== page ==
Archive for February, 2010

Anne Perry (Juliet Hulme)

February 23, 2010

Anne Perry (born Juliet Marion Hulme) is an English author of historical detective fiction.

Anne Perry (Juliet Hulme)

Anne Perry was born in Blackheath, London on 28 October 1938. As of 2009 she has published 49 novels, and several collections of short stories. Her story Heroes, which first appeared in the 1999 anthology Murder and Obsession, edited by Otto Penzler, won the 2001 Edgar Award for Best Short Story.

 

 

What many people don’t seem to realise is that Anne Perry was convicted of the brutal murder of her friend’s mother in 1954. Together with her school friend Pauline Parker, Anne Perry, (then Juliet Hulme) murdered Parker’s mother, Honora Rieper, in June 1954. Hulme’s parents were in the process of separating, and she was supposed to go to South Africa to stay with a relative. The two teenage girls, who wrote gruesome murder stories together, had created a rich fantasy life together populated with famous actors such as James Mason and Orson Welles. They did not want to be separated.

 

On 22 June 1954, Perry (Hulme) and Parker took Honora Rieper for a walk in Victoria Park in their hometown of Christchurch. On an isolated path Perry (Hulme) dropped an ornamental stone so that Ms. Rieper would lean over to retrieve it. At that point, Parker had planned to hit her mother with half a brick wrapped in a stocking. The girls presumed that would kill the woman. Instead, it took 45 frenzied blows from both girls to finally kill Honora Rieper. The brutality of the crime has contributed to its notoriety.

 

Perry (Hulme) and Parker stood trial in Christchurch in 1954, and were found guilty on August 29 of that year. As they were too young to be considered for the death penalty under New Zealand law at the time, they were convicted and sentenced to be detained at Her Majesty’s Pleasure. In practice, this sentence meant they were to be detained at the discretion of the Minister of Justice. Perry (Hulme) and Parker were released separately some five years later. A condition of their release was that they were never to meet or contact each other again.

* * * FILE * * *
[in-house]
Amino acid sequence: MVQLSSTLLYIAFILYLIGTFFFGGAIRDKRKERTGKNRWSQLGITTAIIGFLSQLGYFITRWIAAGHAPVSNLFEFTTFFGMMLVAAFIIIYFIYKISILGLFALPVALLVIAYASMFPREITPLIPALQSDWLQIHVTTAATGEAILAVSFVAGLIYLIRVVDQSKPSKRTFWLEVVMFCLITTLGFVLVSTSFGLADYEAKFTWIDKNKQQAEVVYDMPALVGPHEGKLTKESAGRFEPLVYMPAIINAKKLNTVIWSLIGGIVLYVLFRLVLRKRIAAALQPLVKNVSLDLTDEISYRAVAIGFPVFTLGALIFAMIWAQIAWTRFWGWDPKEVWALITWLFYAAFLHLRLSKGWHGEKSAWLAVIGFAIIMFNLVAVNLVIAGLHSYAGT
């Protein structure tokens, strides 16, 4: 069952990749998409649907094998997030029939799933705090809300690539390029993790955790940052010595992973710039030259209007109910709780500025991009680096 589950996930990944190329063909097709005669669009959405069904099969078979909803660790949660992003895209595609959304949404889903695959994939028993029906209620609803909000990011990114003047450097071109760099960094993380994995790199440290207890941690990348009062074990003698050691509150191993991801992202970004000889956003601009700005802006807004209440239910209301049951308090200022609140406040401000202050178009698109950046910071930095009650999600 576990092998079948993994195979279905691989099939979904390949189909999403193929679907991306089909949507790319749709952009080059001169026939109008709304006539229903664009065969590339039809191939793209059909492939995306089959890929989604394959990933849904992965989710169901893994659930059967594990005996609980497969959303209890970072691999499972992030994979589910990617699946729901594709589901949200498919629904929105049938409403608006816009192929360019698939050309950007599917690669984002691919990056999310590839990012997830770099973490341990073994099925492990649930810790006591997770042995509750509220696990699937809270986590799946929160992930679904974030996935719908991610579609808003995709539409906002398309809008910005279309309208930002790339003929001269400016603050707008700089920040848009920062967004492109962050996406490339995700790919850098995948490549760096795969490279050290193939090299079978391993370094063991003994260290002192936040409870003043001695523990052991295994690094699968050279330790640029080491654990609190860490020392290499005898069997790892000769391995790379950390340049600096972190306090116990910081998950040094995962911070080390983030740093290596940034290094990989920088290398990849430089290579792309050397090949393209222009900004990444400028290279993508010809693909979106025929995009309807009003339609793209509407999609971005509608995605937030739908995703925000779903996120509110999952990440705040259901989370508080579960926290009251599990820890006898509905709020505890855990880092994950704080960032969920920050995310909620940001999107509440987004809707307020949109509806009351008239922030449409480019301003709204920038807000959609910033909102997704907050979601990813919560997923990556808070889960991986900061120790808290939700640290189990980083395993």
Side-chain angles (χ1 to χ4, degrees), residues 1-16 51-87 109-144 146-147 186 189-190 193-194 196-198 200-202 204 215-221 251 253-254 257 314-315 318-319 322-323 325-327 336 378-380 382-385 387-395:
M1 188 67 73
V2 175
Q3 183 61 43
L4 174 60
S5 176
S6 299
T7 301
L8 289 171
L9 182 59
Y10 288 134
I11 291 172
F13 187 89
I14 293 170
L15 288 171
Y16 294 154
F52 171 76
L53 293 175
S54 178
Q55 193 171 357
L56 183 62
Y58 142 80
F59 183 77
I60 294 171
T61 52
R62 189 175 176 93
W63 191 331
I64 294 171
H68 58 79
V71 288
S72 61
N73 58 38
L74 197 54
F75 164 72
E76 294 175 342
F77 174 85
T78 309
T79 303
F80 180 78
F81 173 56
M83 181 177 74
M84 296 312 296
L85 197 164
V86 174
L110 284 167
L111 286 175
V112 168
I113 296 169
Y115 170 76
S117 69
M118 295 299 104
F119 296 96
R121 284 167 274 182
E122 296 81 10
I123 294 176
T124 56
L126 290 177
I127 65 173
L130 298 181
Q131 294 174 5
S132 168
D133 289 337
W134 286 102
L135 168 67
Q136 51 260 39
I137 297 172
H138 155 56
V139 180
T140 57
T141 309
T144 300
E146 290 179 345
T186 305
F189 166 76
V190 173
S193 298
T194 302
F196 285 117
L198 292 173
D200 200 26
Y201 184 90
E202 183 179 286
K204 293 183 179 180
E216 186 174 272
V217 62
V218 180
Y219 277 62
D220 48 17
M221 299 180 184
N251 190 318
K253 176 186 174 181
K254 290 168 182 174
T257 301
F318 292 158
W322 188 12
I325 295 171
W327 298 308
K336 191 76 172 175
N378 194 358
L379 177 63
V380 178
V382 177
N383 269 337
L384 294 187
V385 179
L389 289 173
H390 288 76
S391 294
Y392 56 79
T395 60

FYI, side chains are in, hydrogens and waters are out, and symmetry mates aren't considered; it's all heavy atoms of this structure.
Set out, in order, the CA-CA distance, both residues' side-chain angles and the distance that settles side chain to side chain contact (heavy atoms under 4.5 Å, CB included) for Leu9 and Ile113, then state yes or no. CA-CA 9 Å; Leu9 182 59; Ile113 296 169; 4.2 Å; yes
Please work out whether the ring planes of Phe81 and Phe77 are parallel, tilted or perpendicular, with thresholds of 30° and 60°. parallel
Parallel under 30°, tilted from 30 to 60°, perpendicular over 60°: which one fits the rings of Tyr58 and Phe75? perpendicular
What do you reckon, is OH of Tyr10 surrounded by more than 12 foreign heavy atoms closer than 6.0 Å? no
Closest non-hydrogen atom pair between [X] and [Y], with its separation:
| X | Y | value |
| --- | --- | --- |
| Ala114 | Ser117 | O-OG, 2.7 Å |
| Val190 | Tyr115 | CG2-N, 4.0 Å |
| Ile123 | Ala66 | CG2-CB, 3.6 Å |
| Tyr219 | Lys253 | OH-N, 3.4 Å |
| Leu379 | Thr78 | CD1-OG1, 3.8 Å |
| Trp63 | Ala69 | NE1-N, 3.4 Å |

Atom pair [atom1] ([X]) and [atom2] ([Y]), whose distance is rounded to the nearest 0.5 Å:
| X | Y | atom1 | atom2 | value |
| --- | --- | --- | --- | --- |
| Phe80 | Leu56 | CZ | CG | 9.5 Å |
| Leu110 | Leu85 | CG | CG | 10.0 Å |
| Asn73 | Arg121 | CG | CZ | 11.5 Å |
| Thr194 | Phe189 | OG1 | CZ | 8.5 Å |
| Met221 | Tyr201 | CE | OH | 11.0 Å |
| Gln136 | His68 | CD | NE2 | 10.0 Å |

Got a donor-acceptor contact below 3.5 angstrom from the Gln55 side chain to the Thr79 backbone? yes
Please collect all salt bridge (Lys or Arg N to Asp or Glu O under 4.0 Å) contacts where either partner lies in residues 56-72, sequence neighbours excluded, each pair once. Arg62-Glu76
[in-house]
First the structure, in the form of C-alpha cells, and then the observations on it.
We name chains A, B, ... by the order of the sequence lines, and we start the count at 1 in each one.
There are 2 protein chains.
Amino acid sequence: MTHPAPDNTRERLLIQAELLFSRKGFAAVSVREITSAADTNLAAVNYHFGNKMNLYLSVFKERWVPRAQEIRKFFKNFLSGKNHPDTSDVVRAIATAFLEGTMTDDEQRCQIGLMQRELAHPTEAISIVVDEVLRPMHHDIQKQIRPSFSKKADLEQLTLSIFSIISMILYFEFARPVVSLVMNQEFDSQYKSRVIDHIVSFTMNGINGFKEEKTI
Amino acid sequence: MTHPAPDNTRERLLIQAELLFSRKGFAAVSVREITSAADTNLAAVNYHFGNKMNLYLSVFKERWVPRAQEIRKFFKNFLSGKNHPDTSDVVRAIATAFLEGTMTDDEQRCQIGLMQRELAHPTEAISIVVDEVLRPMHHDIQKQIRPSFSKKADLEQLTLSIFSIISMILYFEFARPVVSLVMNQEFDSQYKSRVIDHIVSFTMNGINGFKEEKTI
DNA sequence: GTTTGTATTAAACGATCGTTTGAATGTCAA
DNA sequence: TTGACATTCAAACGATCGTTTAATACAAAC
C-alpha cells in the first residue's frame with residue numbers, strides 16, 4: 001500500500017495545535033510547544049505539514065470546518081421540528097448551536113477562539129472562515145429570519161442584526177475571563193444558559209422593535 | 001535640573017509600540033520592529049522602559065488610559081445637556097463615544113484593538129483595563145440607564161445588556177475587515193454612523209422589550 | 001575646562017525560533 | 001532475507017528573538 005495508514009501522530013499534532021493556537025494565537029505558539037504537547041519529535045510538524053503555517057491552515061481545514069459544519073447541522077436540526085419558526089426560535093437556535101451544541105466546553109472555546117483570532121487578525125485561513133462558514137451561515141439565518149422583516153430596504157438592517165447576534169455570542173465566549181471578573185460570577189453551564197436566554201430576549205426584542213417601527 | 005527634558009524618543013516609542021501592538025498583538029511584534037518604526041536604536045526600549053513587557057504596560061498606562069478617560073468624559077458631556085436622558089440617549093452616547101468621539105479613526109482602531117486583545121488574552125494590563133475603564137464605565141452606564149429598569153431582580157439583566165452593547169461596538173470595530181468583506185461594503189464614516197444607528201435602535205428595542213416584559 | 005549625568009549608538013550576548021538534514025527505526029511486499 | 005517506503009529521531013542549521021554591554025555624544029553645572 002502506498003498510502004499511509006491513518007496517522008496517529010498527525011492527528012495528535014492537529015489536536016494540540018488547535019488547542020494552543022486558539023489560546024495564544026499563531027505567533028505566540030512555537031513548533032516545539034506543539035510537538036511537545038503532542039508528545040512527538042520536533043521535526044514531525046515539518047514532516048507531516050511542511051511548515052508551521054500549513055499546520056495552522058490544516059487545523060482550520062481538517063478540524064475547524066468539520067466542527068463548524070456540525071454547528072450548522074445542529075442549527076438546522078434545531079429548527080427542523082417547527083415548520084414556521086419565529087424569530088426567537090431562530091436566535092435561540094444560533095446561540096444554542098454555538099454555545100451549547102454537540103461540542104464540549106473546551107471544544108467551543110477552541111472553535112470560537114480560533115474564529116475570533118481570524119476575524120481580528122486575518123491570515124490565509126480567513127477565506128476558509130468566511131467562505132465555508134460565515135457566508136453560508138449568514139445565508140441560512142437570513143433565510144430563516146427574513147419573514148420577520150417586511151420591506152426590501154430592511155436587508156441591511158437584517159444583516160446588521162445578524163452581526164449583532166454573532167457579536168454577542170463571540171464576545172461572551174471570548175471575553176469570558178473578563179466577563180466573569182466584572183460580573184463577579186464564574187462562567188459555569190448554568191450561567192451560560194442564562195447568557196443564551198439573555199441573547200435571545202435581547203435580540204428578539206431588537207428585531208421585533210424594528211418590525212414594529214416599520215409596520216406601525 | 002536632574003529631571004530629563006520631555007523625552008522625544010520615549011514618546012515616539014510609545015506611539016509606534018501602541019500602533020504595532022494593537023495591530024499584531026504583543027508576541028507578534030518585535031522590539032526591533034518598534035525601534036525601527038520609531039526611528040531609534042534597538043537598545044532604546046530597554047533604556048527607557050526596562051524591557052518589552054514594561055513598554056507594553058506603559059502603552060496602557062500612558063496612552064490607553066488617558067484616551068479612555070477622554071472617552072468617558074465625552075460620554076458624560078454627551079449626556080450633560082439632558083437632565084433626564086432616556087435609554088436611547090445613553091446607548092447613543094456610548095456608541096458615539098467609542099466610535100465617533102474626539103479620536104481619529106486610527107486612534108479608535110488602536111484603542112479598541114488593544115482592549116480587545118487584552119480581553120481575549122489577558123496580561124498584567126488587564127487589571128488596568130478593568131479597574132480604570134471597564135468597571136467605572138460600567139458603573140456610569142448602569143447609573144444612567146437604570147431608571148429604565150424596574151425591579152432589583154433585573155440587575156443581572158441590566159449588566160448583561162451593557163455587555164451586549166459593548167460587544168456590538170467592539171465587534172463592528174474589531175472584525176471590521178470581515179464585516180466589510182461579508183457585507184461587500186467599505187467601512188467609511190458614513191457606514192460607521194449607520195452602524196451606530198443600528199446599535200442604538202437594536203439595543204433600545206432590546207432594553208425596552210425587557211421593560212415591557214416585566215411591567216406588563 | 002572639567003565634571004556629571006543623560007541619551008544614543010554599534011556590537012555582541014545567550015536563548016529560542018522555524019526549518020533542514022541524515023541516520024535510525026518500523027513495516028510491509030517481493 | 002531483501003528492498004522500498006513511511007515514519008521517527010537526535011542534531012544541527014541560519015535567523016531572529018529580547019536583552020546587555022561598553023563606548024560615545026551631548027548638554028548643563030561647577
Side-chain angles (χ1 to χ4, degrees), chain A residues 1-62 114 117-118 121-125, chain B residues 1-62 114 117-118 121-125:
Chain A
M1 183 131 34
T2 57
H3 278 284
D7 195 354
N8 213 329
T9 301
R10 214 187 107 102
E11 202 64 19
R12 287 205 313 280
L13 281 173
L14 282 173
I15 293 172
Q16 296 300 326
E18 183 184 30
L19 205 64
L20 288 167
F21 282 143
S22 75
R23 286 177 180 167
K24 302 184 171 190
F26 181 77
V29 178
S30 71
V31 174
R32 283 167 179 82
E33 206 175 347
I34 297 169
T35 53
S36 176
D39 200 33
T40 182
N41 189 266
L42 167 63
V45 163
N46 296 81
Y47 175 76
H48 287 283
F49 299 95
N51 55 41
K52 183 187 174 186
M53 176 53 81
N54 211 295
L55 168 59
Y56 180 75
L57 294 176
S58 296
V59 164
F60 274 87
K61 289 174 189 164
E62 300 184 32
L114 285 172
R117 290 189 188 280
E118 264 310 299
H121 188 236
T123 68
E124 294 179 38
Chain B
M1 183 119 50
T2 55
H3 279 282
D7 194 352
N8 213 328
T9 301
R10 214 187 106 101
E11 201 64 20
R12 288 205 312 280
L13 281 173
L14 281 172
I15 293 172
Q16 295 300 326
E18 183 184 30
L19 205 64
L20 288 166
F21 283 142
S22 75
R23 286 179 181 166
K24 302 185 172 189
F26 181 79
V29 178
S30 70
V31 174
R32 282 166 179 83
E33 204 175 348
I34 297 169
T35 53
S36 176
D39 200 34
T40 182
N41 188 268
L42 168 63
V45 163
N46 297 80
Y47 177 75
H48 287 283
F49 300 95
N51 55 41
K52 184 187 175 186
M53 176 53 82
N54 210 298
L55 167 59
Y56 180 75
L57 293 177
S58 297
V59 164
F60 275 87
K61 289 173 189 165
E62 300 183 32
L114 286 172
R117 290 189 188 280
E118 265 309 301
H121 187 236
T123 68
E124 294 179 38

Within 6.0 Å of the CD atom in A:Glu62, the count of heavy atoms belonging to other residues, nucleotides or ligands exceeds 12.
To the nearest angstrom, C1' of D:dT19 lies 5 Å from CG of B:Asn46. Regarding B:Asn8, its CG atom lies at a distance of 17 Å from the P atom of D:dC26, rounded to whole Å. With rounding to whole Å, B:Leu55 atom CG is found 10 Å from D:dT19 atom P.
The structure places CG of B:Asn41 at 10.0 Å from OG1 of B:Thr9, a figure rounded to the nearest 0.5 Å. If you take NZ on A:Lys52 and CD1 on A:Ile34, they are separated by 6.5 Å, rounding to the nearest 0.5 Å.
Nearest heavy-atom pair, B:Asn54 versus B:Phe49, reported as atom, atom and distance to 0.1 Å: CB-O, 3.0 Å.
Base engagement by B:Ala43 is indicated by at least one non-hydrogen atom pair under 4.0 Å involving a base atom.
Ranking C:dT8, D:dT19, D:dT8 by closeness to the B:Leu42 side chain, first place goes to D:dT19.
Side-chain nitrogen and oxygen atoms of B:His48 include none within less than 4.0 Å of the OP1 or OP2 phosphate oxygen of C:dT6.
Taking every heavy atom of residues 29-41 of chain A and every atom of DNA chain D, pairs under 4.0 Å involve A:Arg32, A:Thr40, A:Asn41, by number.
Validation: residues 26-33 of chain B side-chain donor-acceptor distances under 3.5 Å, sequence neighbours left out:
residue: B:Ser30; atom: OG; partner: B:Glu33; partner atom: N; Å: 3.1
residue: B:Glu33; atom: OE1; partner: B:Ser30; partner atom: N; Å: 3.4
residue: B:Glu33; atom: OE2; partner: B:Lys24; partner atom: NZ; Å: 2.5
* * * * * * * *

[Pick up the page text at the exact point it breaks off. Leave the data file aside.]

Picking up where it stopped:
These events formed the basis for Peter Jackson’s 1994 film Heavenly Creatures, in which Kate Winslet portrayed teenaged Juliet Hulme (Anne Perry), and Melanie Lynskey portrayed a teenage Pauline Parker.

 

Here’s the final (murder) scene from that film. (Warning: This scene is brutal and disturbing):

 

 

And here’s the Heavenly Creatures trailer:

 

 

After being released from prison in 1960, Juliet Hulme took the name Anne Perry and continued  writing about murder. Her first novel, The Cater Street Hangman, was published under this name in 1979.

 

 

Her works generally fall into one of several categories of genre fiction, including historical murder mysteries, detective fiction and religious fantasy. Many of them feature a number of recurring characters, most importantly Thomas Pitt, who appeared in her first novel, and amnesiac private investigator William Monk, who first appeared in her 1990 novel The Face of a Stranger.

 

 

Most of Anne Perry’s novels feature a grisly or brutal crime that is eventually solved by the protagonist.

 

In an episode of his television series Ian Rankin’s Evil Thoughts, crime novelist Ian Rankin interviewed Anne Perry, who spoke candidly about her part in the murder. Here is a pertinent clip from that interview, complete with a transcript of the interview:

http://minguo.info/usa/node/81

 

Here is a link to Anne Perry: Interiors, a documentary film about Perry and the ongoing conflicts between her past, her present and her future: